Well it’s been a long time. And I must say I do feel better albeit “woozy”. So it’s weird being out of “intervention”. I am not sorry I went but now it seems like all the coping skills I had don’t work (of course they stopped working anyway which is why I needed intervention).
It wasn’t necessarily a cry for help. It was a request. I knew I was getting to a point where life no longer looked good to me. So intensive outpatient for me, I went.
It was hard to be there. I was surrounded by all these people. The very first day, within 20 minutes, I was thrust into “group”. This is where you fill out a sheet that explains what you are thinking and feeling. It gave you a direction for goals that day. My first sheet: 3 emotions: nervous frustrated and anxious. It was very hard to be there. One of the student nurses for the day actually knew me. She attends our church. Her daughter is also Autistic. We both looked at each other with a quiet “knowing”.
It was my job while I was there to figure out how I had gotten to this point. That was an easy task. I have what the psychiatry peeps call “excessive caregiver strain”. Duh!
I spent hours talking to the staff about my life and my family. You know you have a complicated life when you can make 2 social workers cry just by telling your story. The psychiatrist was surprised that he hadn’t met me sooner. He told me I would be in antidepressants and have to attend therapy probably for the rest of my life. Everyone that I talked to told me, “There is nothing we can do for you or resources we can offer you. You are already doing everything right, everything you can. Sometimes things just turn out that way.”
And that was where I truly lost hope. I sat in a dark corner and cried. For hours. I felt as if there was nothing I could offer my children. That I had failed. And I hate failing. But I tried. I worked hard. There was no respite, or break, or even sleep for the past 8 or 9 months for myself and WH. WKD was backtracking; no signing and his speech was fading. WKG was supposed to have respite and a personal care attendant by now (PCA).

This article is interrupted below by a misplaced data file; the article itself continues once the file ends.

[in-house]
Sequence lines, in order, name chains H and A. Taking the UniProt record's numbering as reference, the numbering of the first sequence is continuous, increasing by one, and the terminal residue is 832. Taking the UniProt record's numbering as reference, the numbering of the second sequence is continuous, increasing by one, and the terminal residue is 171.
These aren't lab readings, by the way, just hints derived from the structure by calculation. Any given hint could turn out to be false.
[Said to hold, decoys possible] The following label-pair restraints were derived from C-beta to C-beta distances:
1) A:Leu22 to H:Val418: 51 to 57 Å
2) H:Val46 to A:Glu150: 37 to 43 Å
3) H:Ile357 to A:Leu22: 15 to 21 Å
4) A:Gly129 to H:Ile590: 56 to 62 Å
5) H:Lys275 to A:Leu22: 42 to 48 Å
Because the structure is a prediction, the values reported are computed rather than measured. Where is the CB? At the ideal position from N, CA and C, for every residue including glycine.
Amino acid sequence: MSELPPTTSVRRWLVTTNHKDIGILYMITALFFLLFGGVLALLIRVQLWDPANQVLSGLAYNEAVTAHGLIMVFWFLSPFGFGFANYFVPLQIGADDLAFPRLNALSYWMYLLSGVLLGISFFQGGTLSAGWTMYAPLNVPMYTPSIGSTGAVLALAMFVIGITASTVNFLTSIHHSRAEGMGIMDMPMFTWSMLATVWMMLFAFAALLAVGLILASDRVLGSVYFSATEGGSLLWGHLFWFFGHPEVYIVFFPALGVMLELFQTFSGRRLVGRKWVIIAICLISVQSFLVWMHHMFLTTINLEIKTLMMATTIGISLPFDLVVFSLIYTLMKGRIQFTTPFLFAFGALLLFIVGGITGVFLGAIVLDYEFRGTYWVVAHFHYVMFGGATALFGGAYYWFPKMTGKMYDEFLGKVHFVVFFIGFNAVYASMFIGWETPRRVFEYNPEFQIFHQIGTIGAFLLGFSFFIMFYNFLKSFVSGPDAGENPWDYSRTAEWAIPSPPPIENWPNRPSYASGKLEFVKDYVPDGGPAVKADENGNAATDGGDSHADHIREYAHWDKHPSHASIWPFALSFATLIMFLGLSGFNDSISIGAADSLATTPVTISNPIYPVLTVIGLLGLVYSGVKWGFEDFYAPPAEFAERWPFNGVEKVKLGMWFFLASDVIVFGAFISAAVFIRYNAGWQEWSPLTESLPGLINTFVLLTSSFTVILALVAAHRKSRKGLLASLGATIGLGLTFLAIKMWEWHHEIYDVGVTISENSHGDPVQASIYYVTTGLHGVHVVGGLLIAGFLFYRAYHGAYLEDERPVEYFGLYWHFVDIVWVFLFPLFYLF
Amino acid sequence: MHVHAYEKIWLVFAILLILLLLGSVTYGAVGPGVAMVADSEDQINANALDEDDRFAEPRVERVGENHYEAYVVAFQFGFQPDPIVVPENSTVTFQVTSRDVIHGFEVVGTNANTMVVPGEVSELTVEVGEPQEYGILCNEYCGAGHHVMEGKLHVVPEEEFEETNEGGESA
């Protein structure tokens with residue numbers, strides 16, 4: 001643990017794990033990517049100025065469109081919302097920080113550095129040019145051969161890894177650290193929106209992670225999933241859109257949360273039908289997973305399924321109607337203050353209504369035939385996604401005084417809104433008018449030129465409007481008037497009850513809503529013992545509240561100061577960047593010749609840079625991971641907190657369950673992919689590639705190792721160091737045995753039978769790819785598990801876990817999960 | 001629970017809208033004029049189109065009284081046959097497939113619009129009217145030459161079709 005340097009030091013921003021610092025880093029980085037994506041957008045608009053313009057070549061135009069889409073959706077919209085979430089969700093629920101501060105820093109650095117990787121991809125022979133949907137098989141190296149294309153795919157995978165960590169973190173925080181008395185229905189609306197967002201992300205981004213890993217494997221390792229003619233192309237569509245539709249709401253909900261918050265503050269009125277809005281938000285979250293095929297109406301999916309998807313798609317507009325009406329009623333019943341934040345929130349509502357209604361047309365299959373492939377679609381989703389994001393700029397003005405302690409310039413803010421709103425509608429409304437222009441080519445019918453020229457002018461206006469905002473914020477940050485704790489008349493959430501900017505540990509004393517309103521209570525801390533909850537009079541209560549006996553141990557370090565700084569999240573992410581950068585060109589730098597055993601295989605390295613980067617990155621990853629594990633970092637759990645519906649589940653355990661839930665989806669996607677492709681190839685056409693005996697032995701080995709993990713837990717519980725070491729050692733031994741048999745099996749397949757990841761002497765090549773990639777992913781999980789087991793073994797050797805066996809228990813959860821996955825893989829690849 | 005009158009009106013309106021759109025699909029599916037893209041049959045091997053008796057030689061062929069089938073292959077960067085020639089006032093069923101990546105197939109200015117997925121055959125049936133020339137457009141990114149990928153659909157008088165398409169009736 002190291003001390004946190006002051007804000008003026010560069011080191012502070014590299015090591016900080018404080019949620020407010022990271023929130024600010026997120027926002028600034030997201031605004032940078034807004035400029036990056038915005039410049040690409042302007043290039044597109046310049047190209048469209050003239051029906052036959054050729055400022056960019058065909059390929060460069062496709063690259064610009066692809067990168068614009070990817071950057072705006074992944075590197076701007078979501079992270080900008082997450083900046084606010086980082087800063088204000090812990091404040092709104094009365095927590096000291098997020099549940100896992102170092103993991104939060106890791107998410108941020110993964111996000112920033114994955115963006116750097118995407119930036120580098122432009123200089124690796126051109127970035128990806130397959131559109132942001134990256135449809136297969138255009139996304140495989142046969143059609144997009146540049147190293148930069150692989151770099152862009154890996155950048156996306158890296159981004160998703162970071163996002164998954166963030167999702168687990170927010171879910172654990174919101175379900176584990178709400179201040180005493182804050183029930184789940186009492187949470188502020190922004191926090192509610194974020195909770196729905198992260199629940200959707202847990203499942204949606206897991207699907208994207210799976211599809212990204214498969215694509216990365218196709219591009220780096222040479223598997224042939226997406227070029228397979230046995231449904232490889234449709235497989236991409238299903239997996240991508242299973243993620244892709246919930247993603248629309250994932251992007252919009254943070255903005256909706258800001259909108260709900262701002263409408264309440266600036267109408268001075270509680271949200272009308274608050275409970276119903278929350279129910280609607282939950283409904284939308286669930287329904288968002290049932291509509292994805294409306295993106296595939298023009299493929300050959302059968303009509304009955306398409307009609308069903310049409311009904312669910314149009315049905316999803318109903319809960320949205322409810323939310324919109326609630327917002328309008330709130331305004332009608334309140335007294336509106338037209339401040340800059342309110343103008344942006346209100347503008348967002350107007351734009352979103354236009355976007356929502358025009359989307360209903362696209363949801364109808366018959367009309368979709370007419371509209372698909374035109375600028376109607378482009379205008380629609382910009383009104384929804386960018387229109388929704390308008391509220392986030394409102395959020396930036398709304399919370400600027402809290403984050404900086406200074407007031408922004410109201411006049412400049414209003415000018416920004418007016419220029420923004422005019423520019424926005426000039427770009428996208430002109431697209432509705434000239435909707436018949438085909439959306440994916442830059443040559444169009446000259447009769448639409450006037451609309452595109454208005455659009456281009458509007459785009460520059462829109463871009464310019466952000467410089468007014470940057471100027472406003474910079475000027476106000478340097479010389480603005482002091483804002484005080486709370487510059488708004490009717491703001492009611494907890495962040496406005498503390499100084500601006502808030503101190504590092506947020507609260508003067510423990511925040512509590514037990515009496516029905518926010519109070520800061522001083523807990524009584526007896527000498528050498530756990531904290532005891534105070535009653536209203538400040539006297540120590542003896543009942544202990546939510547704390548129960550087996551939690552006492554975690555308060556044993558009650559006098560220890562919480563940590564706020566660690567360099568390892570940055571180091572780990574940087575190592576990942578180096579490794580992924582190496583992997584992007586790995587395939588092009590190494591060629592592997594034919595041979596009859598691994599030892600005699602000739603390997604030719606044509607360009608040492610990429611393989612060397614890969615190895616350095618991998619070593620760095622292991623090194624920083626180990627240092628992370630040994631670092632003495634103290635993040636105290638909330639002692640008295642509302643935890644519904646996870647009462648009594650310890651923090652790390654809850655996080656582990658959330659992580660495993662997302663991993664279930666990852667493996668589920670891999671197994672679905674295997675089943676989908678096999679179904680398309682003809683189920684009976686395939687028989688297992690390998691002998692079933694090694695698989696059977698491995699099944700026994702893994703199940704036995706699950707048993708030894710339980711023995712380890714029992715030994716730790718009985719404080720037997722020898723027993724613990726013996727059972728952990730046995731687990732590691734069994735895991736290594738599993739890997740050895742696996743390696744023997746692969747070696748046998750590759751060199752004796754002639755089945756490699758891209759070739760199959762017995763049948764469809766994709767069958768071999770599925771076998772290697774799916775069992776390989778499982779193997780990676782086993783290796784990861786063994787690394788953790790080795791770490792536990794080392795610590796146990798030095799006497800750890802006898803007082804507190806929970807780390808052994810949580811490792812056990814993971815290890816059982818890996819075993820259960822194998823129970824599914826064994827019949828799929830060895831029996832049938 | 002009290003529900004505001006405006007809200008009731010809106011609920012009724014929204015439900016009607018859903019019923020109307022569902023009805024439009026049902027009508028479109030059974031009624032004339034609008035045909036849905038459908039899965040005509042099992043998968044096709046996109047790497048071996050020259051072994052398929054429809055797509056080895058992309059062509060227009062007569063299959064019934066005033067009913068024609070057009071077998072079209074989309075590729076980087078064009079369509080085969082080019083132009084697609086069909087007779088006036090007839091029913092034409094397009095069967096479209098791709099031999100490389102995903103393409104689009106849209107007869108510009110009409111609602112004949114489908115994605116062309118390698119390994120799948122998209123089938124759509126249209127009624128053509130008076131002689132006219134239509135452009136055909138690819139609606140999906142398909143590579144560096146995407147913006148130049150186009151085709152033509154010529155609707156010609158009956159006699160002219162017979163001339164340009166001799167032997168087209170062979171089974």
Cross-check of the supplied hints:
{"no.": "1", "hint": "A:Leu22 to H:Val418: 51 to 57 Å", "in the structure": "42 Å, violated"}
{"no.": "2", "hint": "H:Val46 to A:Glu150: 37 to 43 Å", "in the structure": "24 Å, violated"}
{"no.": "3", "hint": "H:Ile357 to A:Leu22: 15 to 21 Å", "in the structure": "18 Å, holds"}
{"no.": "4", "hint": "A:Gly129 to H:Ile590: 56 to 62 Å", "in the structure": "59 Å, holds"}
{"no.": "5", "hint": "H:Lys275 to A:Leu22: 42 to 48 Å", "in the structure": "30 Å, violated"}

It was there, in the hospital for the terminally depressed, that I learned that my visit could have all been avoided. My son, WKG, had been awarded the Autism Waiver, a $22,000 grant, just 2 months before. He would be awarded the grant every year until he turns 18. The grant covers respite, a PCA, and a behavior therapist, along with anything else WKG would need. The man who was supposed to implement the plan wasn’t doing his job. If he had, all of those things that would help me and my family keep our sanity would have been in place. At least the drugs here kick ass!
The PCA has started working with WKG every Saturday. We also have a behavioral plan in place from a qualified Behavior Therapist that knows WKG well. I already see a difference. WH is more confident and less stressed. I am “allowed” J to express my feelings. And once again, there is therapy through the eyeballs for the rest of the family. It’s getting better.
What else can I say? Besides that it took me to almost end my life to get shit done around here. Oh, well….live and let live.